#82 – The Lathe of Heaven Review – Ursula K Le Guin

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The Lathe of Heaven is one of those books for which the term mind-bending was invented. Ursula K. Le Guin’s 1971 novel about a man whose dreams can alter the very nature of reality is a masterful examination of the mind’s ability to shape our perception of the world around us and our powerful need to change that to fit our desires. While it shares thematic similarities to a lot of Philip K. Dick’s work in its discussion of alternate realities and the untrustworthy nature of our perceptions, Le Guin makes it uniquely her own by imagining how an effort to manipulate reality (even with the best of intentions) can have disastrous consequences.  At turns contemplative, moody, exhilarating and terrifying, The Lathe of Heaven is one of my favorite science fiction novels of all time and an absolute must-read.

The Lathe of Heaven Summary: The book takes place in Portland, Oregon in an impoverished near future in which rain is constant and an unspecified war rages in the Middle East. George Orr is a man who is sentenced to “voluntary” psychiatric care for abusing drugs; drugs that he’s been using as self-medication in order to avoid having “effective” dreams. These dreams have the ability to retroactively change reality to fit the new reality of his dream. Upon waking up, however, George is the only one who remembers the previous reality. To the rest of the world, this new reality is (and has always been) the only one. While this may seem like a fascinating ability in theory, we eventually come to learn about the heavy burden that it places on Orr. In fact, he wants nothing more than to rid himself of his ability. As part of his psychiatric evaluation, George is forced to begin therapy sessions with a psychiatrist named William Haber who specializes in sleep research.

While Haber is initially wary of Orr’s claims, he eventually comes to accept it after a guided sleep session in which he becomes aware of a slight change in reality. Sensing the enormous potential of Orr’s ability, he begins to conduct weekly guided dreaming sessions (enhanced by a biofeedback/EEG machine) in which he directs Orr to dream about specific scenarios that he thinks will be beneficial for society (and himself). But while the changes that Haber tries to enact are meant to cure specific problems in the world, the method by which George’s mind makes them happen are equally (if not more) problematic. After instructing him to dream of a world free from racism, everyone on earth becomes an identical grey color. In order to help combat the growing problem of overpopulation, George dreams up a plague that kills over 70% of the world’s people. By attempting to create “Peace on Earth,” George conceives of an Alien takeover of the moon that unites the world in opposition to the external threat. In removing the Alien’s from the moon, he causes them to launch a full scale invasion of Earth. And so on and so on until the various layers of reality begin get jumbled and uncertain. When George refuses to dream anymore, Haber tries to use what he’s learned to “effectively” dream himself, with disastrous consequences.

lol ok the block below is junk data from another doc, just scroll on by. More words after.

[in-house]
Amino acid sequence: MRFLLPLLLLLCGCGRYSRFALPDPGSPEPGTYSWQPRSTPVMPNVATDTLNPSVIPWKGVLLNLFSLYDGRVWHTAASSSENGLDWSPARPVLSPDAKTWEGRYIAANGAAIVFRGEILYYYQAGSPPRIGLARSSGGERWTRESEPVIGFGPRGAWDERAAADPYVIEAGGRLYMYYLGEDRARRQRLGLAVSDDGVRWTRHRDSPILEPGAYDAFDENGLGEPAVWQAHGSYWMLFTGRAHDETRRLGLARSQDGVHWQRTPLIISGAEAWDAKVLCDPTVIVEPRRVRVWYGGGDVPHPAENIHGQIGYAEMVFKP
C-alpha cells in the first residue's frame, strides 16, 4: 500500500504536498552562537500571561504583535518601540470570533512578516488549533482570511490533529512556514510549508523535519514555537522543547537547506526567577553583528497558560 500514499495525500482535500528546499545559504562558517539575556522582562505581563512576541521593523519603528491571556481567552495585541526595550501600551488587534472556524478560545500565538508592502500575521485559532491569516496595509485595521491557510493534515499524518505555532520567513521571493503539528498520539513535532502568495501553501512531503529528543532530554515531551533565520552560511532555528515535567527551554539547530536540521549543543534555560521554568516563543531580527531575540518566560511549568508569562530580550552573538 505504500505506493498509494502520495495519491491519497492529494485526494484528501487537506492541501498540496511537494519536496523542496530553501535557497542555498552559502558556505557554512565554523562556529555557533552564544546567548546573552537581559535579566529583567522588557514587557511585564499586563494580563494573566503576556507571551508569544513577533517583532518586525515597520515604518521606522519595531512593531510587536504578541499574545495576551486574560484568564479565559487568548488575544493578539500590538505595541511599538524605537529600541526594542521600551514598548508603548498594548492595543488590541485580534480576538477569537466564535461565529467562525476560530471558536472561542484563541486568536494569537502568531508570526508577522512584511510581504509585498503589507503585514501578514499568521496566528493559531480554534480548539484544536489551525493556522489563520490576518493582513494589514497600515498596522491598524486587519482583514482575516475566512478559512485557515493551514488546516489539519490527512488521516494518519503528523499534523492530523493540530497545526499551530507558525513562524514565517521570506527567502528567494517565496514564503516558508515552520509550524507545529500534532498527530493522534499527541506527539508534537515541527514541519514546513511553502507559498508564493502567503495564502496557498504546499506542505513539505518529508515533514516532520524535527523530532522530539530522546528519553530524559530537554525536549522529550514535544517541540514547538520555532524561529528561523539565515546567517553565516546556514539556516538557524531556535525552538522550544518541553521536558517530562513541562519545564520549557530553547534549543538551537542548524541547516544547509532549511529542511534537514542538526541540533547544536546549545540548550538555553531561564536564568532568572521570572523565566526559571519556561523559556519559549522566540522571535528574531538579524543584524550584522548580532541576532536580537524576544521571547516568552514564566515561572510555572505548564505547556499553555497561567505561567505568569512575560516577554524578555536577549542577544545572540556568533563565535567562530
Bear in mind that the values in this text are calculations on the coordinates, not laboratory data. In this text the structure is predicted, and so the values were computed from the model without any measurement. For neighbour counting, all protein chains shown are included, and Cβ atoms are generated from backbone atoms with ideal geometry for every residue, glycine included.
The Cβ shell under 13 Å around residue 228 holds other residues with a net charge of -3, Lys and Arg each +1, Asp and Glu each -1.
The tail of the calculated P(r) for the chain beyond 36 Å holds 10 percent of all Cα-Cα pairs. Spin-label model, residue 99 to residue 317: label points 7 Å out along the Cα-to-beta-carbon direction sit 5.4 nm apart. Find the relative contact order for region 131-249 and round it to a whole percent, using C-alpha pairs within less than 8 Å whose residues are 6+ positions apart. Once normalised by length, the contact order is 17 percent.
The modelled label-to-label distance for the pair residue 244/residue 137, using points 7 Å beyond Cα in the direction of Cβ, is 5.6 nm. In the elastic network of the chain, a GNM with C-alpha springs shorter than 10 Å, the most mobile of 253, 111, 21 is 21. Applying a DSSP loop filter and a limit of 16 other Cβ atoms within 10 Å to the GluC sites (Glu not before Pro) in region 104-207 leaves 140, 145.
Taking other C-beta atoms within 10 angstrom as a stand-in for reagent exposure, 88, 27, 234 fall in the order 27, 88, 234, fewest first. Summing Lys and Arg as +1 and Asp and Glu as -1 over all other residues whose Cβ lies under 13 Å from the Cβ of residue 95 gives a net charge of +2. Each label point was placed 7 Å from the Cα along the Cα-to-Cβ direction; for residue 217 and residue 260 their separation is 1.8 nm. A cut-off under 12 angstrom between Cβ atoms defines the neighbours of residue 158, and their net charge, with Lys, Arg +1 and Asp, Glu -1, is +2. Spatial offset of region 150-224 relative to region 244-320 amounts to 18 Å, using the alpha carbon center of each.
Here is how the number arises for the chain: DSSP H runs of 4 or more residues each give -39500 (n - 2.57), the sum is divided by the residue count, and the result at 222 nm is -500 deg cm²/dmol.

The Lathe of Heaven Review: The idea that our individual reality is the only “true” reality has been a powerful theme ever since the Greek philosopher Gorgias expressed the concept of solipsism, which basically boils down to the idea that an objective knowledge of reality is impossible since we can only really know what our senses tell us. In The Lathe of Heaven, Le Guin uses that idea as a jumping off point to explore philosophical issues such as positivism, behaviorism and utilitarianism in the context of George’s struggle to control the processes of his mind and Haber’s attempts to exploit them. Don’t get me wrong, though. This isn’t a book that knocks you over the head with heady philosophical treatises or explanations. In fact it’s actually the exact opposite. By constructing a world in which characters are forced to deal with the changing nature of reality and the consequences of those changes, Le Guin forces us to re-examine our own ideas about our relationship to the world around us and the role that our mind plays in creating that relationship. In other words, this is some trippy ass shit!

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